What's driving Wall Street higher and higher?

Corporate America has been driven up by not just income changes but unnatural economic settings. And in a strange way, the sequester will continue to boost Wall Street.

Behind the surge in the Dow index to record levels are fundamental changes taking place in the American economy which many will find disturbing. And as the regulators try to adjust they are fuelling the bull market.

The New York Times reports that in the third quarter of 2012 corporate profits were 14.2 per cent of national income – the largest share at any time since 1950 – while the portion of income that went to employees was 61.7 per cent, near its lowest point since 1966.

Since the end of 2008 US corporate earnings have risen at an annualised rate of 20.1 per cent but inflation adjusted disposable income lifted by a miserly 1.4 per cent over the over the same period.

We have not seen anything like this in post-World War America. Companies are discovering they can use the latest technologies to use labour more productively and outsource activities overseas so that American workers are competing with foreign labour in many instances.

But there is more driving the stock market that this fundamental income shift change. The Federal Reserve is pumping money into the economy by buying mortgages and says that it will continue to do this until unemployment gets down to somewhere near 6 5 per cent, compared to a current level of 8 per cent.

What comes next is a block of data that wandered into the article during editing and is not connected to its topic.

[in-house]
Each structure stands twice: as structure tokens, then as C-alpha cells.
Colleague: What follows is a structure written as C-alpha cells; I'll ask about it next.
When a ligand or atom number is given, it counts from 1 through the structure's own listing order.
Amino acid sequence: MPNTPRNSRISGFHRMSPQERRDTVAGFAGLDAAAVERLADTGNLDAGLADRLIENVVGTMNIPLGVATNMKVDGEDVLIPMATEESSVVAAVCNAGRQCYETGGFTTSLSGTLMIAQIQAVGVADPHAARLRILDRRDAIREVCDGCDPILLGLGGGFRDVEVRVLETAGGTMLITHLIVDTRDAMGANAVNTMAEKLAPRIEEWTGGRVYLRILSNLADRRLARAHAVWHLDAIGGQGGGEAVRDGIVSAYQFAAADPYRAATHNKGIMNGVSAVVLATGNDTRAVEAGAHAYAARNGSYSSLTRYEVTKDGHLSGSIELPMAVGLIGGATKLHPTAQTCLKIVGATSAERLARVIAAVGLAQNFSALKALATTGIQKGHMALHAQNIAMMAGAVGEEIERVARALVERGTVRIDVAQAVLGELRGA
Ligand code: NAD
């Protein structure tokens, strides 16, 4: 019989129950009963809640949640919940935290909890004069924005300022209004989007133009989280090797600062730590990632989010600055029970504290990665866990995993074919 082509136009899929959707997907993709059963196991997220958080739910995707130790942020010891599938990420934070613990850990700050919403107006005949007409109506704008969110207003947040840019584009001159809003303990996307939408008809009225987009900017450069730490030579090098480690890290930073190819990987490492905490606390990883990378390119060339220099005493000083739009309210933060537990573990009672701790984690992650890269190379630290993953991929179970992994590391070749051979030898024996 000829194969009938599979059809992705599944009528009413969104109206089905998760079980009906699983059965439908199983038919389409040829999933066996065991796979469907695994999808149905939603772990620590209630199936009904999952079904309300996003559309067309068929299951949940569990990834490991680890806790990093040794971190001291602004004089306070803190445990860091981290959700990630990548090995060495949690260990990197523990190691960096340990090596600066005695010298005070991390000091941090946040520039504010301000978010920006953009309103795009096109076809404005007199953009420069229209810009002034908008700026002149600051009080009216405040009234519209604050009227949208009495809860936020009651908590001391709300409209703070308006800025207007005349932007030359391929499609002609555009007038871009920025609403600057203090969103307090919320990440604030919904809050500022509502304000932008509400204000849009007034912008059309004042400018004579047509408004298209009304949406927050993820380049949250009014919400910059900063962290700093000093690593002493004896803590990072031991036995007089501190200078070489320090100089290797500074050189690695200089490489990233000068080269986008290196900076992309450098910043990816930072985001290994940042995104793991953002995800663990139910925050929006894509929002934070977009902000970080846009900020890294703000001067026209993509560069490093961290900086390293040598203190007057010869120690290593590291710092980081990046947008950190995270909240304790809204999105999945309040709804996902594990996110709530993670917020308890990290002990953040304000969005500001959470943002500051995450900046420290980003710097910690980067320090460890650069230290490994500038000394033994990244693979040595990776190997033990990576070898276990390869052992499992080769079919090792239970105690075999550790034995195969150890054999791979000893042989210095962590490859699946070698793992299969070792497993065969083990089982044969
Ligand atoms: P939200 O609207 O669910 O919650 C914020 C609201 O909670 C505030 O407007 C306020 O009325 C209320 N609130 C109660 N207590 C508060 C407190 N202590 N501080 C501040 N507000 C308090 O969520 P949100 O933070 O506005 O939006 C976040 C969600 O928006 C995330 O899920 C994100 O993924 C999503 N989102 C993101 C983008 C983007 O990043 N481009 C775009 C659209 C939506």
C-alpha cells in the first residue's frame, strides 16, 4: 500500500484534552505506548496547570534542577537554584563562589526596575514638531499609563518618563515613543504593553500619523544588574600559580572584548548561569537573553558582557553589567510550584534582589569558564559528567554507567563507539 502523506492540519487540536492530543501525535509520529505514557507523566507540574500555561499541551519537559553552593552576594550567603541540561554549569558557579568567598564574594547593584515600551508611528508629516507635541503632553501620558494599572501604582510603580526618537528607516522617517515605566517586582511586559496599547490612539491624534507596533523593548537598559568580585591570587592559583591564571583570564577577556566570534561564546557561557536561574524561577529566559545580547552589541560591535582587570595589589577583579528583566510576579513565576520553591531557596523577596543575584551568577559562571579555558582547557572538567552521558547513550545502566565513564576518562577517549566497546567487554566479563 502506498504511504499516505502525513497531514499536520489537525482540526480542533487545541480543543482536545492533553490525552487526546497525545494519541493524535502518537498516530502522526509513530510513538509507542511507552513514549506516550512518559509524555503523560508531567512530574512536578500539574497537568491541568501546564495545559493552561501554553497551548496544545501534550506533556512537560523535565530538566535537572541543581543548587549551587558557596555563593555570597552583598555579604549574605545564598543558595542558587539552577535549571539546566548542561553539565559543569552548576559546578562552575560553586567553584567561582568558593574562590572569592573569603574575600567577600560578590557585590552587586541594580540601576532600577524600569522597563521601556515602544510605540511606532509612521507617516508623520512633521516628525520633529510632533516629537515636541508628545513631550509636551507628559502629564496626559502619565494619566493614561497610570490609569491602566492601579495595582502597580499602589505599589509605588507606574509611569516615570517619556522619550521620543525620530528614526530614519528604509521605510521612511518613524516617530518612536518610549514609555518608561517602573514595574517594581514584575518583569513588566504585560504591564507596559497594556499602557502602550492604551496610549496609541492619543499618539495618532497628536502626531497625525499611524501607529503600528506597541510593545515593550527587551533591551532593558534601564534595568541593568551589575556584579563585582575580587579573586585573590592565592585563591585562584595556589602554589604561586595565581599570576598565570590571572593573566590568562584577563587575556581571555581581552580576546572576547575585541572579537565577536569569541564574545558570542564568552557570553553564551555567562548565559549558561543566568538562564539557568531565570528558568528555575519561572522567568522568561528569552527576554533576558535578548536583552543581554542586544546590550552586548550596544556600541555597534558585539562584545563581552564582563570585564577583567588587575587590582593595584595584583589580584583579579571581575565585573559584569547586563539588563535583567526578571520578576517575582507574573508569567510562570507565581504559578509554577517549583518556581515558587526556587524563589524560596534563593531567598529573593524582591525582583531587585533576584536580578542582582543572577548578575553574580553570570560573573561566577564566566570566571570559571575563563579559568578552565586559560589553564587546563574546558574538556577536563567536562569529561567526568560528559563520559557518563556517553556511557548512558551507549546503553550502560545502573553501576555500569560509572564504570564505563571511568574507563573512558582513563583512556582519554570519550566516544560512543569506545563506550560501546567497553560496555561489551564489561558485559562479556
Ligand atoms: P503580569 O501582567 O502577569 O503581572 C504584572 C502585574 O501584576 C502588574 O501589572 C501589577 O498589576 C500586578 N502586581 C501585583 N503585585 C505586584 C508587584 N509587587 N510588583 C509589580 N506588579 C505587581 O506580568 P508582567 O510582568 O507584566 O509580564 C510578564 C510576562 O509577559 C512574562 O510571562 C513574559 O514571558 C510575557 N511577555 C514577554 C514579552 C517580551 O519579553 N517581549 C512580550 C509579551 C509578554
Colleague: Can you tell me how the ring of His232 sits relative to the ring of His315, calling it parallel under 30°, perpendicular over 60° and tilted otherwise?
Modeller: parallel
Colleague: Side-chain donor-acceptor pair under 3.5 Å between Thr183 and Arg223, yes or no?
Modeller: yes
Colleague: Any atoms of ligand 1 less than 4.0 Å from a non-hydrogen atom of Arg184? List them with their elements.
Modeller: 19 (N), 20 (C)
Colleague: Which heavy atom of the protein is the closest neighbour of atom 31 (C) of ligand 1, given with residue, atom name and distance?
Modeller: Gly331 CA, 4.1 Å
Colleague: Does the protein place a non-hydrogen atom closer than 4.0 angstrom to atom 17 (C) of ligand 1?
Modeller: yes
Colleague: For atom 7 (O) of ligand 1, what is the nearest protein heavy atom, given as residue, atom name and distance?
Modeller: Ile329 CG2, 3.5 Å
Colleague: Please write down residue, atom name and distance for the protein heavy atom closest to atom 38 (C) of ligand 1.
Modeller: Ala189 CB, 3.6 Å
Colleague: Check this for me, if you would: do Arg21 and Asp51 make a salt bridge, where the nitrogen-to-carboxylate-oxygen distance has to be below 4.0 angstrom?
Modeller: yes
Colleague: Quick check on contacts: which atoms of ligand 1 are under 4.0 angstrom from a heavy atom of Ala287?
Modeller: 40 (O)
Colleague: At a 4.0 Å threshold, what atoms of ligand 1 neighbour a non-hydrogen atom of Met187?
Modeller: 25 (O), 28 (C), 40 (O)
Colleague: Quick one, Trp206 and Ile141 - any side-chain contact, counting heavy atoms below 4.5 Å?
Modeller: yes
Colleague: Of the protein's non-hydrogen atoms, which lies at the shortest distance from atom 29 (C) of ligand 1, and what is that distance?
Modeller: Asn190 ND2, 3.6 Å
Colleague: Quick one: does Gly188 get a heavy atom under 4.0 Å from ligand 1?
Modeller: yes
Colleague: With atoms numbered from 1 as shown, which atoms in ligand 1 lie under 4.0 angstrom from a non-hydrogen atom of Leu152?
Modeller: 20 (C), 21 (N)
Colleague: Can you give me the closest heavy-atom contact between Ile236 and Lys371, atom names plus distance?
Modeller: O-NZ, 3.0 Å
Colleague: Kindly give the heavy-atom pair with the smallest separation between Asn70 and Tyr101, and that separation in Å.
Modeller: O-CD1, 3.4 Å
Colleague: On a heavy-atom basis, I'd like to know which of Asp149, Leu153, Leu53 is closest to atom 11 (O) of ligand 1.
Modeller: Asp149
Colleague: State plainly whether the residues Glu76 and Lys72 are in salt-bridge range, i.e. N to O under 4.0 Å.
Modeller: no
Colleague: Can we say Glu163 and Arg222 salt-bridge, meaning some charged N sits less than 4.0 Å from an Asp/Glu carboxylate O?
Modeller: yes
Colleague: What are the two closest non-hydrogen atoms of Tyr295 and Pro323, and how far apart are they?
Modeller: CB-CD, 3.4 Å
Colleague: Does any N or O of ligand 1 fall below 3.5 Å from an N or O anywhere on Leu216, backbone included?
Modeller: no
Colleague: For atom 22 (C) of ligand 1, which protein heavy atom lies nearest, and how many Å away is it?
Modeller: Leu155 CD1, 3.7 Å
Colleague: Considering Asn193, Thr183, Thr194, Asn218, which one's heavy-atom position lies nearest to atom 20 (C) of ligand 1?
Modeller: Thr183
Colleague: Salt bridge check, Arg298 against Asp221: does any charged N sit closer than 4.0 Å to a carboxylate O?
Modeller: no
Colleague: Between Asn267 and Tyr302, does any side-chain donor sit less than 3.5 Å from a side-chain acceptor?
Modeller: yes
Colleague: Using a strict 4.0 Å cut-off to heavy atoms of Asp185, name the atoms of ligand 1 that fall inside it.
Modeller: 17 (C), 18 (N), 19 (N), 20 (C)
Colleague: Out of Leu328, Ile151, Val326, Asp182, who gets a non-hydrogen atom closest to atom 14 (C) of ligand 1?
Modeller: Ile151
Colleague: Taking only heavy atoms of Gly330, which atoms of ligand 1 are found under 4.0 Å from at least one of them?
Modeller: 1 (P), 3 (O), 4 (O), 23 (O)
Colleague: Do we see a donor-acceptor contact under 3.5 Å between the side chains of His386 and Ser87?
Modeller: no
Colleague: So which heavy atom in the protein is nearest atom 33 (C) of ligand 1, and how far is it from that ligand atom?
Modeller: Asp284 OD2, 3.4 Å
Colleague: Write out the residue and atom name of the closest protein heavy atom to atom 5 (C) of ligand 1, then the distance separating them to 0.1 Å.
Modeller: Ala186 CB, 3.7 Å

A vast amount of that printed money ends up boosting the stock market. The low interest rates force savers to go into equities to gain a return and the market sucks in the sloshing Federal Reserve money. Probably around half the American market’s rise is due to the liquidity factor so when the Federal Reserve even hints at turning off the tap, Wall Street falls.

But Congress is instituting a program of expenditure restraints which will boost unemployment. US companies that have lower orders as a result of government cuts will simply retrench workers. Markets pop the champagne. Worker sackings means that the Federal Reserve’s money tap will stay on longer and send shares higher.

So in a strange way the so-called sequestration program is boosting share prices. I find something artificial about this process so periodic corrections are likely, but for the moment the underlying trends shows no signs of stopping.

Here in Australia our companies have also cut costs although capital expenditure estimates indicate they have not fundamentally changed their business models to make those cuts permanent.

Whereas the US market is driven by money printing scenarios we are driven by events in China. China is changing direction but, as in the US, income disparity in China is rising and the Chinese fear revolution if the trend continues.

As a result they are hooked into uneconomic capital works by the state-owned enterprises. As long as that continues mineral demand will remain strong. But again it has a ring of artificiality.

America has the looming boom created by shale gas and oil and that may lift worker participation.

But if it does not and US democracy continues to deliver unequal outcomes then the next presidential election may see a candidate who stands on a policy to tackle the disparity. That would not be good for Wall Street but it is a long way off.

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